Self-orphaning has its value. But all those fictional characters were orphaned, not self-orphaned—they didn’t do the job of separating from their parents by themselves. Is it still good to shed your parents when parents are the ones who bring that about? It seems to very much matter how kids become orphaned. Harry Potter is orphaned in just the right way. His parents love him deeply and lay down memories that stay with him throughout this life. Despite their deaths at the hands of Voldemort, Harry’s archenemy, he carries a sense of himself as wanted and loved. That’s important, according to extensive research in anthropology and psychology, which shows that it’s universally, cross-culturally true that children are damaged when parents don’t give them the sense of being loved.
Most of the fictional orphans are orphaned due to forces beyond the control of their parents, like death, but parents can deliberately leave their children, in both fiction and real life. It happens all the time—especially when it comes to fathers. Barack Obama’s father, for example, left his wife and child in Hawaii when his son was just two years old, first getting a doctorate at Harvard and then moving back to Kenya and on to other wives and other children. Obama talks about living with a painful sense of having been abandoned in his memoir Dreams from My Father. Disappearing altogether is at least better than cutting off children in response to their traits, choices, or viewpoints; there are Christians who reject their atheist kids, Amish people who reject their mainstream kids; parents who disown children for reasons of sexual orientation or gender identity.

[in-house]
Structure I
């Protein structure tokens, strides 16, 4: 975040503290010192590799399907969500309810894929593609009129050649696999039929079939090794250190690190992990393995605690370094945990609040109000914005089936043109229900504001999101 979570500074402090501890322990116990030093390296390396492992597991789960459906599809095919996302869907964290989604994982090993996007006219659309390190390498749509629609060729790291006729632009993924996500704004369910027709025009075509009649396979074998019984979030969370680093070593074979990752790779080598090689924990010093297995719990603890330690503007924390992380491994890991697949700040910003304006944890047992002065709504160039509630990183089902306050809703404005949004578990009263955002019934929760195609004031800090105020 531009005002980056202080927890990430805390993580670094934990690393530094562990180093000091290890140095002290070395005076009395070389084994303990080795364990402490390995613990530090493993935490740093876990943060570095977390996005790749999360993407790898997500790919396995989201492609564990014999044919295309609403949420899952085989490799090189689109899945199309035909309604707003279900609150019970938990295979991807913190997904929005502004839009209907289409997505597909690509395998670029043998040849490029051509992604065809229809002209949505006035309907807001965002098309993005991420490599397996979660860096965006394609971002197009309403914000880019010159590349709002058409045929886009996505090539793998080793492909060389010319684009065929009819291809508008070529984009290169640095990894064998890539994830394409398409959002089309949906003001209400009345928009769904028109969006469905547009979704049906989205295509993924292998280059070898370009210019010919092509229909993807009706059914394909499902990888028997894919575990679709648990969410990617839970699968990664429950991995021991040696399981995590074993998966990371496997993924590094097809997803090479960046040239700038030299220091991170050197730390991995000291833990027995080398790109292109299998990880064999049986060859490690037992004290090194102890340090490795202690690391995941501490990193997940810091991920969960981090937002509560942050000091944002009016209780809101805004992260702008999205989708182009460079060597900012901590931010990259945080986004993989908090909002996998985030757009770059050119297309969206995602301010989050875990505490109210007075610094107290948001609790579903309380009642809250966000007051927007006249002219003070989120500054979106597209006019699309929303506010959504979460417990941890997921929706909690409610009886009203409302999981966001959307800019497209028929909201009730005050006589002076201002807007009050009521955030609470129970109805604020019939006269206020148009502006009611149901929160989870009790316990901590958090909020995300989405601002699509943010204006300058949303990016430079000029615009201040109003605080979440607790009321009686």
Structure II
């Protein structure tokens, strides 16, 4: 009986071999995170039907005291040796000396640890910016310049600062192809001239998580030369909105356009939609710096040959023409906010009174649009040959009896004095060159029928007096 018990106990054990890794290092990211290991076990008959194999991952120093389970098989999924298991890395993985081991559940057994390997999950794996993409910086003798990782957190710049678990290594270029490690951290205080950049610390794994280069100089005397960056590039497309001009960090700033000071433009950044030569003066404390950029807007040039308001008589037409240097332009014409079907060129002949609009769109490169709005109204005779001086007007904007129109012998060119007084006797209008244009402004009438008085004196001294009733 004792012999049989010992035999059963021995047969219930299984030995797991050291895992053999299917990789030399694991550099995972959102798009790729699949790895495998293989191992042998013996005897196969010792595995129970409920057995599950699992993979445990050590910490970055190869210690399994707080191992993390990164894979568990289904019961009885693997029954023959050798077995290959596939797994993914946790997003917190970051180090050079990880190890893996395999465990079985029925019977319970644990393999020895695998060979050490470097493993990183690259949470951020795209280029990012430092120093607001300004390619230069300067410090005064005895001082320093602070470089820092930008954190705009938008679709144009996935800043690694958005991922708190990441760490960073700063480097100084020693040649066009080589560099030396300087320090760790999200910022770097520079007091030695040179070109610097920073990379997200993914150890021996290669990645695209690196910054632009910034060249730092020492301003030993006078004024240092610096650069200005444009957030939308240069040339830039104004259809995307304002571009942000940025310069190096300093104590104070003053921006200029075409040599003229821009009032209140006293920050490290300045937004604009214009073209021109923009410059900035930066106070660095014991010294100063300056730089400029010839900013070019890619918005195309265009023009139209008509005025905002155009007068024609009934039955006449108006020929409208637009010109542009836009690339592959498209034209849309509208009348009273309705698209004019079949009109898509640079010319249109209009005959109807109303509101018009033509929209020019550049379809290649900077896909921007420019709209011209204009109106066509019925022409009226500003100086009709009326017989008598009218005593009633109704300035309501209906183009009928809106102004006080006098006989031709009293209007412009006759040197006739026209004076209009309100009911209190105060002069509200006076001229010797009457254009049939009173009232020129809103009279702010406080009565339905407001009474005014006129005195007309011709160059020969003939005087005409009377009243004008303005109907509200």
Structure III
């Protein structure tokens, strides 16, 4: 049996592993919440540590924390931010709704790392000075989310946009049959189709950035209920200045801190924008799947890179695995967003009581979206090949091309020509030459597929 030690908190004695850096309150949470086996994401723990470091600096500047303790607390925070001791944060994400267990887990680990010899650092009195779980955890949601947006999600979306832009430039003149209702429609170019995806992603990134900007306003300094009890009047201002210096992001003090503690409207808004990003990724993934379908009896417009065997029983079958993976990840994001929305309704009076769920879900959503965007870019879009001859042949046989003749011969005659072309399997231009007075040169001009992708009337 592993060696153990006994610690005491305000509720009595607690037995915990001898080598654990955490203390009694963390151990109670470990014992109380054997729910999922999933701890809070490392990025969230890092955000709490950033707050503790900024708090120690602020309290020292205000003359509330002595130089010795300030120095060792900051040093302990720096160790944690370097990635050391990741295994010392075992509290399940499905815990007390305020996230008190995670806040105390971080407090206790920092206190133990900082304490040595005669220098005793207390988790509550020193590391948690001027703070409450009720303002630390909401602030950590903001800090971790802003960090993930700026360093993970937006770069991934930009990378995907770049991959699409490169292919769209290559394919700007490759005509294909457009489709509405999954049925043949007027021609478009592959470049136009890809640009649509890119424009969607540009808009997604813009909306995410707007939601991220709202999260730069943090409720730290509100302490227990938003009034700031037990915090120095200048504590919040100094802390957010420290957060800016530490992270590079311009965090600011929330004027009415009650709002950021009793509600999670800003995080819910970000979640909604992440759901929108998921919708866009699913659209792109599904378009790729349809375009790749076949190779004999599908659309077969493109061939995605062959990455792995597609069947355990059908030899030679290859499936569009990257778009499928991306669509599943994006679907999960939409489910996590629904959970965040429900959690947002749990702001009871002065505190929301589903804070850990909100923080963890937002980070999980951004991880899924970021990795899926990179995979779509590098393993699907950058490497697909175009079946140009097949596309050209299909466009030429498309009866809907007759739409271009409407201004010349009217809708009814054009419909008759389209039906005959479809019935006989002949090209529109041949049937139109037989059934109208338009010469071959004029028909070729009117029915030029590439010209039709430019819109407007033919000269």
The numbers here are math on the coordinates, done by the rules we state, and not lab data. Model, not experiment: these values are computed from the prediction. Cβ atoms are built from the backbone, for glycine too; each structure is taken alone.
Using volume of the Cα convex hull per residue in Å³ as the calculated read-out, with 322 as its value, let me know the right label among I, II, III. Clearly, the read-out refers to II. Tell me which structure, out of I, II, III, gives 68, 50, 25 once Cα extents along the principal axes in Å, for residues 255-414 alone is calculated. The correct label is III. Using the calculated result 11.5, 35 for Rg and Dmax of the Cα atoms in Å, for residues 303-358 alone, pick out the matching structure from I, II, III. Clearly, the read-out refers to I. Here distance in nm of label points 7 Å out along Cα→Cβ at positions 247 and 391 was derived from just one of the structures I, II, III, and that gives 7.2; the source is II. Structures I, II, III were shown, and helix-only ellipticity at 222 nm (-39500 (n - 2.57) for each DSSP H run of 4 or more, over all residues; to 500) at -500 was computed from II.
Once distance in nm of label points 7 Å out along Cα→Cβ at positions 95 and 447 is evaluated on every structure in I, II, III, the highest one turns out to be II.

In fact, parents can leave simply to find themselves, just as Deresiewicz and Castle would have young adults leave to find themselves. A character who does this, in recent fiction, is Gauri in Jumpha Lahiri’s novel The Lowlands. Dissatisfied with her marriage to a man who was once her brother-in-law, and feeling haunted by ghosts from the past, she suddenly leaves her husband and her ten-year-old daughter in Rhode Island, taking up a position (as a philosophy professor) on the West Coast. There’s no explanation, no communication. Decades pass before there’s any contact. "She had never written to Bela. Never dared reach out, to reassure her.” Deliberately abandoning a ten-year-old, with all the emotional injury that implies, seems completely indefensible. But what about deliberately orphaning an adult child? What if Bela had been thirty instead of ten?
There are better and worse ways to orphan your child, but (come on!) I doubt there’s really any good way to do it. Once you have established yourself as the mother or father of a child, disappearing has many emotional costs for the child, not to mention economic costs. In real life, the abandoned child probably will not get to live in a house called Villa Villekula with a horse on the porch and eat pancakes for every meal, like Pippi Longstocking. Even the abandoned adult child is probably worse off, not better off, outside the pages of fiction, though it’s difficult to find hard evidence on the subject.